The project identified interesting trends in model performance — particularly in relation to scaling. Larger models showed considerable improvement on simpler images but made less progress on more challenging images. The CLIP models, which incorporate both language and vision, stood out as they moved in the direction of more human-like recognition.

“Traditionally, object recognition datasets have been skewed towards less-complex images, a practice that has led to an inflation in model performance metrics, not truly reflective of a model’s robustness or its ability to tackle complex visual tasks. Our research reveals that harder images pose a more acute challenge, causing a distribution shift that is often not accounted for in standard evaluations,” says Mayo. “We released image sets tagged by difficulty along with tools to automatically compute MVT, enabling MVT to be added to existing benchmarks and extended to various applications. These include measuring test set difficulty before deploying real-world systems, discovering neural correlates of image difficulty, and advancing object recognition techniques to close the gap between benchmark and real-world performance.”

“One of my biggest takeaways is that we now have another dimension to evaluate models on. We want models that are able to recognize any image even if — perhaps especially if — it’s hard for a human to recognize. We’re the first to quantify what this would mean. Our results show that not only is this not the case with today’s state of the art, but also that our current evaluation methods don’t have the ability to tell us when it is the case because standard datasets are so skewed toward easy images,” says Jesse Cummings, an MIT graduate student in electrical engineering and computer science and co-first author with Mayo on the paper.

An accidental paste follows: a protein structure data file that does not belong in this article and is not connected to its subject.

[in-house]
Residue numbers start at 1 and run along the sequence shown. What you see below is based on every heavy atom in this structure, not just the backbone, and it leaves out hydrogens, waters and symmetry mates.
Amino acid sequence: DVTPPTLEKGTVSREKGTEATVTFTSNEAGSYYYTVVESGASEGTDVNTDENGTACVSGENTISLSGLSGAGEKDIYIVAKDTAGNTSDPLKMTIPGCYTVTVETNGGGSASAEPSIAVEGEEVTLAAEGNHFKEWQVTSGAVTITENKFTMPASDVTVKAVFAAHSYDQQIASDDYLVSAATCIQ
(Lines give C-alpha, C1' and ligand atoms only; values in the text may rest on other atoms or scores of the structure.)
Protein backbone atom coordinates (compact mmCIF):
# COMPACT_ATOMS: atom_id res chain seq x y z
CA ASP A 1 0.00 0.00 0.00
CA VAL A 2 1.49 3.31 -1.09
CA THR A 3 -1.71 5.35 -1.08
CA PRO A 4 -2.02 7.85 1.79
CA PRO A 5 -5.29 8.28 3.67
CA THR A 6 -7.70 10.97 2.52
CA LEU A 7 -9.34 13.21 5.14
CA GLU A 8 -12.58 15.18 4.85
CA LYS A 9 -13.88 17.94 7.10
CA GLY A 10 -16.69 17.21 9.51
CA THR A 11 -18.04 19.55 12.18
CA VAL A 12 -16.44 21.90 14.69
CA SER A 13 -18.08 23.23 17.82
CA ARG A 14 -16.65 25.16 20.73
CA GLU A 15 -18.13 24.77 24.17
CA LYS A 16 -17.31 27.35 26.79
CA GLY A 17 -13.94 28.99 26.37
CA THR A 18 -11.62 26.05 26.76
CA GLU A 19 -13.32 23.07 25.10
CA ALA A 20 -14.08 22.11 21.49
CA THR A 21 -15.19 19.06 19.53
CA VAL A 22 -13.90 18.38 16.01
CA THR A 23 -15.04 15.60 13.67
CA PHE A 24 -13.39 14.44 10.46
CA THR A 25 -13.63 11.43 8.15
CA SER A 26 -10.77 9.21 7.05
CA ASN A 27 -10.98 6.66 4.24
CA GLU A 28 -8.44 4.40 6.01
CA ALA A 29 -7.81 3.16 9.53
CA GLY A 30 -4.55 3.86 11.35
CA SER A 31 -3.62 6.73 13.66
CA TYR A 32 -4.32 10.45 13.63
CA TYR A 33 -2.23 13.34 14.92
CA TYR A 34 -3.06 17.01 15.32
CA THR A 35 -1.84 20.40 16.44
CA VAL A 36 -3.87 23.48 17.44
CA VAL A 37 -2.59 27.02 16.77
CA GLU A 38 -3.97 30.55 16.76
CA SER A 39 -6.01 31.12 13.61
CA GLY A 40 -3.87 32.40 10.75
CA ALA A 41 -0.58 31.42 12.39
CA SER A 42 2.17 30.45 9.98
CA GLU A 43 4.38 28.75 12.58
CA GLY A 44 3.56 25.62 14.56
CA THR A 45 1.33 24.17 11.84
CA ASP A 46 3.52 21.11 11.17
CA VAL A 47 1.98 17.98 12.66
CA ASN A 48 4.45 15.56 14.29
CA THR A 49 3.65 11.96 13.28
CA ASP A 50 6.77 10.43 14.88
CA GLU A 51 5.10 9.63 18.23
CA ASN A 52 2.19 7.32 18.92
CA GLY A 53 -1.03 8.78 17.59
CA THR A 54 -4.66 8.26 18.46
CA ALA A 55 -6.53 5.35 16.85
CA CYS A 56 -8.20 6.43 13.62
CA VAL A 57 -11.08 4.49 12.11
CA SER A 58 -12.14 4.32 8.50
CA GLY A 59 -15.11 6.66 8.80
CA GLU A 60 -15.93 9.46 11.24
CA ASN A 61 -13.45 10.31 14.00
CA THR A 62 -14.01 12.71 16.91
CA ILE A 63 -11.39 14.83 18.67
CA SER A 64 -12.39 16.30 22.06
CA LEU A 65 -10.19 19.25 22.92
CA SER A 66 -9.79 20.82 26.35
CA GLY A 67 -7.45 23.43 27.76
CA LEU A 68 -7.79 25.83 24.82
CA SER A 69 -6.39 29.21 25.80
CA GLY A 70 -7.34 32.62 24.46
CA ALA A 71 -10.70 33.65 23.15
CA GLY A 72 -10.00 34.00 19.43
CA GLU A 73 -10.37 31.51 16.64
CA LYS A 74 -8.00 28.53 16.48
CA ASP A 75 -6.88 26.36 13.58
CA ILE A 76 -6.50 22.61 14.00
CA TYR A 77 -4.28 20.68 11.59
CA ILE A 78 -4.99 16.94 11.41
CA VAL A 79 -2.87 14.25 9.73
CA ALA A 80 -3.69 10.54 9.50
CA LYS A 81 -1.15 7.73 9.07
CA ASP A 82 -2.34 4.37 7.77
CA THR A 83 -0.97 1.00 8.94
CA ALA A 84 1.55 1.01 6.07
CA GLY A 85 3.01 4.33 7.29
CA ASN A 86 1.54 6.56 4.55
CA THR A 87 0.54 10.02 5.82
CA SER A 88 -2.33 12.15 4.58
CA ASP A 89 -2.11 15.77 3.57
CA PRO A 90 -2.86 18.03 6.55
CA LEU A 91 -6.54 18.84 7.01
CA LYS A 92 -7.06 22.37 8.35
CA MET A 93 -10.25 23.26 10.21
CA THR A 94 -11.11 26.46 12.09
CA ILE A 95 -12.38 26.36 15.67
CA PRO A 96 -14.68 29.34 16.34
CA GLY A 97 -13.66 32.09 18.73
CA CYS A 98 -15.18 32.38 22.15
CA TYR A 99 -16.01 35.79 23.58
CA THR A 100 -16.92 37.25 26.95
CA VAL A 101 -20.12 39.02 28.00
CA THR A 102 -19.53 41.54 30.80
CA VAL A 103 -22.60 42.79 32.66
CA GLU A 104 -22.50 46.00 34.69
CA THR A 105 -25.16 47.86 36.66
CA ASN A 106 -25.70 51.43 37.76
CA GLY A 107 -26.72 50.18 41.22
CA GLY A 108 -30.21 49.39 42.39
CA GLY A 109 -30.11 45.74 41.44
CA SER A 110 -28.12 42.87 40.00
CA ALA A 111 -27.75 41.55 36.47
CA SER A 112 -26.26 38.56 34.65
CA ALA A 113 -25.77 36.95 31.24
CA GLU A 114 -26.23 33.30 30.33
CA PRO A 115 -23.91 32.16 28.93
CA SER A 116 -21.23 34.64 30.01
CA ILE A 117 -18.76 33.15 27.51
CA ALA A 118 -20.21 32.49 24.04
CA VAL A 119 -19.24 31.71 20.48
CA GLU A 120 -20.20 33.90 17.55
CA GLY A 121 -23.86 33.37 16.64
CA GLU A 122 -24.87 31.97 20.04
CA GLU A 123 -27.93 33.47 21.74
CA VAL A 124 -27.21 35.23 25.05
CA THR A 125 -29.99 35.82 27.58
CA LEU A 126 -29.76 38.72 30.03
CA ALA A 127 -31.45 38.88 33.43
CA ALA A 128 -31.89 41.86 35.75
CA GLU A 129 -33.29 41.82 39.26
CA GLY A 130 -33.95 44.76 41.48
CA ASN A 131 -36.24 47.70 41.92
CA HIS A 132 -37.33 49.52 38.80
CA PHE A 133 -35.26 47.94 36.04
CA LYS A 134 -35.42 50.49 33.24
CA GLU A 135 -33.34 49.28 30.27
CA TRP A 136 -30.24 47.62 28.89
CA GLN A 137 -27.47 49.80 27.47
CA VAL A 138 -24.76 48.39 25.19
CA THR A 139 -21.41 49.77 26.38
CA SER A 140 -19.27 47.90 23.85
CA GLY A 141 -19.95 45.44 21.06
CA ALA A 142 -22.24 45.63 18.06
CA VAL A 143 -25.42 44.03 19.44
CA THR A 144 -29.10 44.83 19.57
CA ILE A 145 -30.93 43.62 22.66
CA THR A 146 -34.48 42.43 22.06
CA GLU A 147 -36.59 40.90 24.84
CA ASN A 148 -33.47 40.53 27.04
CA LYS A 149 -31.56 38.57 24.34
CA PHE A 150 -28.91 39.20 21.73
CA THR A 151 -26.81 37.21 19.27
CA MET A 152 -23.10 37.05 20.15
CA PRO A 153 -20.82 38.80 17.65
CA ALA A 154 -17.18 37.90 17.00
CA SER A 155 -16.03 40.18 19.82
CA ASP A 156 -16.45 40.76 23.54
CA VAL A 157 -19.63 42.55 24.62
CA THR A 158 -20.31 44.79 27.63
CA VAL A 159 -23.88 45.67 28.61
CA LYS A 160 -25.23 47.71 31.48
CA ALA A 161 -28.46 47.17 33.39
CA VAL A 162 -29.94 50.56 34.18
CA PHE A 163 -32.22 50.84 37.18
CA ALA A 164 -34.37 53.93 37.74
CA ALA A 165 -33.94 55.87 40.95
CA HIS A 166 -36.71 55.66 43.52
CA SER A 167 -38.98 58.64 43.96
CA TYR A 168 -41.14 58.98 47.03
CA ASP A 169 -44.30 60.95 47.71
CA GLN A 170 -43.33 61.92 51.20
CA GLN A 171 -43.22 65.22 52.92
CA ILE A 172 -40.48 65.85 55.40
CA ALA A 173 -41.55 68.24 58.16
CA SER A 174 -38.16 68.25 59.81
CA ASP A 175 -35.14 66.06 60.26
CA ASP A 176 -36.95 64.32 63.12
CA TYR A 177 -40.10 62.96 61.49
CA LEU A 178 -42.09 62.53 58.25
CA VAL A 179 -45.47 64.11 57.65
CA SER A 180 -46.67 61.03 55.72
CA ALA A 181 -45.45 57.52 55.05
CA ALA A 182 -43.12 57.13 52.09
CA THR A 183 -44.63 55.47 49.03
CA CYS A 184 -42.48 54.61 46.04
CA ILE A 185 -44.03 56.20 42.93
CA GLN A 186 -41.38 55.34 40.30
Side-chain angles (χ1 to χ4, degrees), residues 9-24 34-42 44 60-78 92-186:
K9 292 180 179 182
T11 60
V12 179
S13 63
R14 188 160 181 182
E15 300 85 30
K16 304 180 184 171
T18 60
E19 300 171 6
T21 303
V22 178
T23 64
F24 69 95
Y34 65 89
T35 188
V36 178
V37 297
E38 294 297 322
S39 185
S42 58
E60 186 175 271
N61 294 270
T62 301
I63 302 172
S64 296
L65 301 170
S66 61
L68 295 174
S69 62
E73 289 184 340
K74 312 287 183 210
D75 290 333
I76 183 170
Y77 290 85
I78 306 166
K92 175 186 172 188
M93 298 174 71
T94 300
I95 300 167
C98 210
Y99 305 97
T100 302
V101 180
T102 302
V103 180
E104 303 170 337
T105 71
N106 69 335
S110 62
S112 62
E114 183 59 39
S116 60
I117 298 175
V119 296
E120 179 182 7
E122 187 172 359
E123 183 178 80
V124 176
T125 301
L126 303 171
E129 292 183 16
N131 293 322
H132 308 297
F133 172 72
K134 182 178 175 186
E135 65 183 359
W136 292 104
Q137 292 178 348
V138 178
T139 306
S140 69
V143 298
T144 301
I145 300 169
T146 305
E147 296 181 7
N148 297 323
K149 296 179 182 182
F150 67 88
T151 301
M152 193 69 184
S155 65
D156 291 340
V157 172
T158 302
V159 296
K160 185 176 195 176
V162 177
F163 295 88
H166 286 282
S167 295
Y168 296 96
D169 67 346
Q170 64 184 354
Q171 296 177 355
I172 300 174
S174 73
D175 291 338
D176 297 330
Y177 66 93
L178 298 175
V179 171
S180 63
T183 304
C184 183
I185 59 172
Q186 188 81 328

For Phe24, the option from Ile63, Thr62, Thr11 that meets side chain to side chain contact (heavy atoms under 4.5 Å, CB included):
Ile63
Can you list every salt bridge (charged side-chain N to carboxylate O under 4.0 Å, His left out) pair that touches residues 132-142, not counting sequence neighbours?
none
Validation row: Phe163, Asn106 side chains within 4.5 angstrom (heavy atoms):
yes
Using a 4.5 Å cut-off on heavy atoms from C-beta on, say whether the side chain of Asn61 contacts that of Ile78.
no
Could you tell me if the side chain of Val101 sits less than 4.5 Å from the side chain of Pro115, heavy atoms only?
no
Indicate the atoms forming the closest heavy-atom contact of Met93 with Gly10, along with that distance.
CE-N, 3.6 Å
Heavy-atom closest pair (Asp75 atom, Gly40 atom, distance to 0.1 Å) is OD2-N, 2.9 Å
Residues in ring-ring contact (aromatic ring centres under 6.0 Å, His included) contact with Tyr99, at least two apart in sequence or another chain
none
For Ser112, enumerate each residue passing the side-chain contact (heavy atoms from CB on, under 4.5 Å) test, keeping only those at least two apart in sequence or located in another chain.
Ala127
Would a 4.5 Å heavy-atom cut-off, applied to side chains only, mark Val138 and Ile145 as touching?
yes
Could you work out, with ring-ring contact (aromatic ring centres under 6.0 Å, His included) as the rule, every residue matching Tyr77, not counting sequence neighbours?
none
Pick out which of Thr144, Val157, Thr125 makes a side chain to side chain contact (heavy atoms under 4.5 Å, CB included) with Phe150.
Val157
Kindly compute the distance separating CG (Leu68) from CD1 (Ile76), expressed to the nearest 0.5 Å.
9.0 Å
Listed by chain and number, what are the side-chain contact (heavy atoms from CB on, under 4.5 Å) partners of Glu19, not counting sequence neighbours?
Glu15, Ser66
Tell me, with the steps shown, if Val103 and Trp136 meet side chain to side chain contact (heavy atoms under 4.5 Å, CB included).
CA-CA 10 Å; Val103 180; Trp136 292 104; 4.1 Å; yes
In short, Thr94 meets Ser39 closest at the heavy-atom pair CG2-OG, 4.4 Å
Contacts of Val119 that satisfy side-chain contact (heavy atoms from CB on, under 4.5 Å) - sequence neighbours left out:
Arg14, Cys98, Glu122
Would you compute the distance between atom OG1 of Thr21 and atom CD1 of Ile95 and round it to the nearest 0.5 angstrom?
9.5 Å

From ObjectNet to MVT

A few years ago, the team behind this project identified a significant challenge in the field of machine learning: Models were struggling with out-of-distribution images, or images that were not well-represented in the training data. Enter ObjectNet, a dataset comprised of images collected from real-life settings. The dataset helped illuminate the performance gap between machine learning models and human recognition abilities, by eliminating spurious correlations present in other benchmarks — for example, between an object and its background. ObjectNet illuminated the gap between the performance of machine vision models on datasets and in real-world applications, encouraging use for many researchers and developers — which subsequently improved model performance...